Several thousand companies in the manufacturing sector are working in Houston, producing a wide array of goods ranging from food and beverages to plastics and electronics. World-renowned corporations have important operations in the city, such as Hewlett Packard, whose largest production facility is in the Houston area. The steel industry is another mainstay that people who plan on working in Houston’s manufacturing sector could look to.

Up in the Sky: The Aerospace Sector

Houston is home to the Johnson Space Center, NASA’s largest research and development facility. With over 14,000 employees in the Houston region, the space center is the second-largest employer and contractor in the area, and it also attracts a lot of human capital in the form of highly-skilled specialists and professionals — not to mention the 1.5 billion USD in output.

Such a pivotal operation in the metro area is naturally an appealing incentive for other companies specializing in the aerospace sector, and many are indeed working in Houston. This is another main driving force in the local economy, which also makes working in Houston attractive for non-Houstonians and foreigners, as about 150 such companies call Houston their home.

IT, Healthcare, or Biotechnology: Houston’s Endless Working Possibilities

While the energy, manufacturing, and aerospace industries certainly are its spearheads, a metropolitan economy the size of Houston’s obviously has many more options for expats and locals working in Houston. The city’s IT sector is an important hub for nanotechnology and biotechnology. Of course, the largest city in the Lone Star State is also one of the leading regional centers of finance, construction, and — thanks to the Texas Medical Center — healthcare. With such a diverse city economy, expats interested in working in Houston will most certainly find suitable job openings, no matter their field of expertise.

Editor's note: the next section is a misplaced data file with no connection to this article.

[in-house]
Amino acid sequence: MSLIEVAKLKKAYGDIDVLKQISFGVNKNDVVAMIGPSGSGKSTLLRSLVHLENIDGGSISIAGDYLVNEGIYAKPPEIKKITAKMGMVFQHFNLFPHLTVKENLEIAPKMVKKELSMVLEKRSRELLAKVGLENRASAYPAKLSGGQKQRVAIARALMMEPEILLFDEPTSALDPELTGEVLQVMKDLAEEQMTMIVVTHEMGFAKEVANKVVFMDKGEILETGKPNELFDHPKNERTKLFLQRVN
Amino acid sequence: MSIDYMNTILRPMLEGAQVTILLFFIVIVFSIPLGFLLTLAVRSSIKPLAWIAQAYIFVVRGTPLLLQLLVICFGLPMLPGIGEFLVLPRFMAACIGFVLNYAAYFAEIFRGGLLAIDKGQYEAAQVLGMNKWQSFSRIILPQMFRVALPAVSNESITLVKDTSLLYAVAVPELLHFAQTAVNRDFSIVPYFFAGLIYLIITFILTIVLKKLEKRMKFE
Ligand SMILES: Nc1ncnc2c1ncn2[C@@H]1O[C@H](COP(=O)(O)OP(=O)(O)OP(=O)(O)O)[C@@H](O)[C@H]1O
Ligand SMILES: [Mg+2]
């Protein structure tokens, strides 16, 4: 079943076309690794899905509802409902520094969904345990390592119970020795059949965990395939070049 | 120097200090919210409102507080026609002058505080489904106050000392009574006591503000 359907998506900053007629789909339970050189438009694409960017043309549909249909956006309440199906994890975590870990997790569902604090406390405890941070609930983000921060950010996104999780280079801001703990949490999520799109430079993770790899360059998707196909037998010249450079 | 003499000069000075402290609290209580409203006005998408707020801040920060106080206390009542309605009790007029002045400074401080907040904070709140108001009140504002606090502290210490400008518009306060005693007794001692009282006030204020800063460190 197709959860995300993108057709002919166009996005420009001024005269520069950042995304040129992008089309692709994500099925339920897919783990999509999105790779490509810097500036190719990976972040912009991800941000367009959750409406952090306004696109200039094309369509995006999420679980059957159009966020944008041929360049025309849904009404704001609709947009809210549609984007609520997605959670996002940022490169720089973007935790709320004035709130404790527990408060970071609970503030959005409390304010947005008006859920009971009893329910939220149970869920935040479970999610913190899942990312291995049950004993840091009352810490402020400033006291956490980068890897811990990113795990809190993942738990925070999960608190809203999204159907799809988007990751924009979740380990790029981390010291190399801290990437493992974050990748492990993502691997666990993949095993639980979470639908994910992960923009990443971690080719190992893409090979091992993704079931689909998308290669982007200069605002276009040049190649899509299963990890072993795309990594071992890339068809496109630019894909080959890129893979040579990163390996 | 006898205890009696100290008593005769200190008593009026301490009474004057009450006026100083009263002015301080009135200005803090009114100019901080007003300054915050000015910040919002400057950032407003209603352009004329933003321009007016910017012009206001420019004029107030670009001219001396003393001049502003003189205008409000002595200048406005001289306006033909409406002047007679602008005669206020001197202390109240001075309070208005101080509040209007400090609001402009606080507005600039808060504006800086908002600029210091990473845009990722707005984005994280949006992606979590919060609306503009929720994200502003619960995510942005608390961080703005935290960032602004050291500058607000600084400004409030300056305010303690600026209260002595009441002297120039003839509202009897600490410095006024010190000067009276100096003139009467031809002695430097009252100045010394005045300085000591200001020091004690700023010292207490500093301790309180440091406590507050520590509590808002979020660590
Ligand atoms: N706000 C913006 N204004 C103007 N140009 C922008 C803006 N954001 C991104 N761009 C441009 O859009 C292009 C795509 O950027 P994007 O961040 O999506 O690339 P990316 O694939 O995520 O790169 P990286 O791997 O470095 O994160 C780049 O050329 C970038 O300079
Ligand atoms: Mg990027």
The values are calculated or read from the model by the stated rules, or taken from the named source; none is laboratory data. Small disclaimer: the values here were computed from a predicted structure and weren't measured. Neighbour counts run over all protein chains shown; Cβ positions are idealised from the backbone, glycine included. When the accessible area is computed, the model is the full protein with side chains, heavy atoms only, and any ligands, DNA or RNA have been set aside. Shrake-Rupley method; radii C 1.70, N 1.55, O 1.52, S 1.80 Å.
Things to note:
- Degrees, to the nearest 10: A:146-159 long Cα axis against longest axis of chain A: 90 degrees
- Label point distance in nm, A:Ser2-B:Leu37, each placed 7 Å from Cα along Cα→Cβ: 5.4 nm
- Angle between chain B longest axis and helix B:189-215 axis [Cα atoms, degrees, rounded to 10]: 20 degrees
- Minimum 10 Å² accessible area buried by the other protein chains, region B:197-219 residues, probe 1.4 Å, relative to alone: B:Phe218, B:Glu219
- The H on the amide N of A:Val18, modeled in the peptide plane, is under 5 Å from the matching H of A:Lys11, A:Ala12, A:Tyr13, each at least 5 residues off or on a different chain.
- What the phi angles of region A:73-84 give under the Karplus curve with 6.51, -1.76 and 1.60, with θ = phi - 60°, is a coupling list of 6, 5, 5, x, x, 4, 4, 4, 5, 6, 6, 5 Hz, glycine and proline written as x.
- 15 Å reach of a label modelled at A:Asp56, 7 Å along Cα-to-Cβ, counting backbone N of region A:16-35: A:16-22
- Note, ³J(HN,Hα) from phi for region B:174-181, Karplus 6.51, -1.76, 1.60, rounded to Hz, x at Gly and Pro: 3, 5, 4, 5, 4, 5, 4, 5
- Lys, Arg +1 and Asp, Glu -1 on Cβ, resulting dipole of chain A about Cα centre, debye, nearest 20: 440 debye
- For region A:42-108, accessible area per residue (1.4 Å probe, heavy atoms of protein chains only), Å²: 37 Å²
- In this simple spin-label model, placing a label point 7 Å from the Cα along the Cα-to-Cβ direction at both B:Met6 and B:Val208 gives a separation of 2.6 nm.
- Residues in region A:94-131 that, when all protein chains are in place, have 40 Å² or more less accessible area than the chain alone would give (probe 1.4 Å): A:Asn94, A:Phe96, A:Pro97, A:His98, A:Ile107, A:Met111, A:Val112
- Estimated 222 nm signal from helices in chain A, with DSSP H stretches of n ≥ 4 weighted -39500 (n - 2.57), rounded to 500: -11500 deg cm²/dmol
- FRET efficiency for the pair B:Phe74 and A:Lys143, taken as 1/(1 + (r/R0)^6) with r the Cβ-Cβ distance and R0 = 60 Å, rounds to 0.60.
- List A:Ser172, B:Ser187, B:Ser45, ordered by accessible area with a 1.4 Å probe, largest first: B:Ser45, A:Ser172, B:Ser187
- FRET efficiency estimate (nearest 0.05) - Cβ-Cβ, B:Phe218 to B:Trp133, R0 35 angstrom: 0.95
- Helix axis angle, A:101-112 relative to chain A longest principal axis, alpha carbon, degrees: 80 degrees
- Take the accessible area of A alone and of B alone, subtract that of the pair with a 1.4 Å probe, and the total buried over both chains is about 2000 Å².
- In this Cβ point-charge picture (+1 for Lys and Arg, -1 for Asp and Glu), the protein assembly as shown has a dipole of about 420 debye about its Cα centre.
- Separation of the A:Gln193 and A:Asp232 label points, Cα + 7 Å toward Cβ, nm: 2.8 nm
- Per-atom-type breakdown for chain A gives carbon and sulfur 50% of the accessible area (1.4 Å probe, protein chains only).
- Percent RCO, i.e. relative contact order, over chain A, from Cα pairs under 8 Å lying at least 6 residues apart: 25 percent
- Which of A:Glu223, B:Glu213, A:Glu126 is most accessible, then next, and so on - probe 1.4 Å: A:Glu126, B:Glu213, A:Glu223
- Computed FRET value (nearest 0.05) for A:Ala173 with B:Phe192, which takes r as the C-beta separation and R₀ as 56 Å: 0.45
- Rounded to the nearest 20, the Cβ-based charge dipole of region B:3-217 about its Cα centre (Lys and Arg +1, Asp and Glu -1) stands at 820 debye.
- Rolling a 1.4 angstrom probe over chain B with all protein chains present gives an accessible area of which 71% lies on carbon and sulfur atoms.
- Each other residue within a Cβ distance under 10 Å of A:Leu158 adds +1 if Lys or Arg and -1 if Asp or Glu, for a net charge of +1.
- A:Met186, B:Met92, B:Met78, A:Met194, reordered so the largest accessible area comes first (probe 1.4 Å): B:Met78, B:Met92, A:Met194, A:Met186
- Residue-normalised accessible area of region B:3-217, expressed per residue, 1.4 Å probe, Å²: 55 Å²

Expat Business Info Houston

Work, Work, Work: Where to Look for It and Other Advice

With the sheer number of foreign companies with established offices and subsidiaries in the city, your chances of coming to Houston by way of an intra-company transfer should be fairly high. For a look at some nonimmigrant visa types accommodating such transferees, please refer to our article on moving to Houston.

If, however, you do not happen to be working for a company with a presence in Houston, things could be a bit trickier. For starters, it is illegal for foreigners to come to Houston, or anywhere else in the USA, on a visitor’s visa in order to look for employment. This means you instead will have to send out applications from your current home country. If you get so far as to be invited for an interview, the Temporary Business Visitor visa might be for you.

There are many job search engines on the web that you can use to look for work in Houston, but you can also browse the online editions of local newspapers for job openings. Alas, Houston’s newspaper landscape is not all that diverse. The Houston Chronicle might be your best option.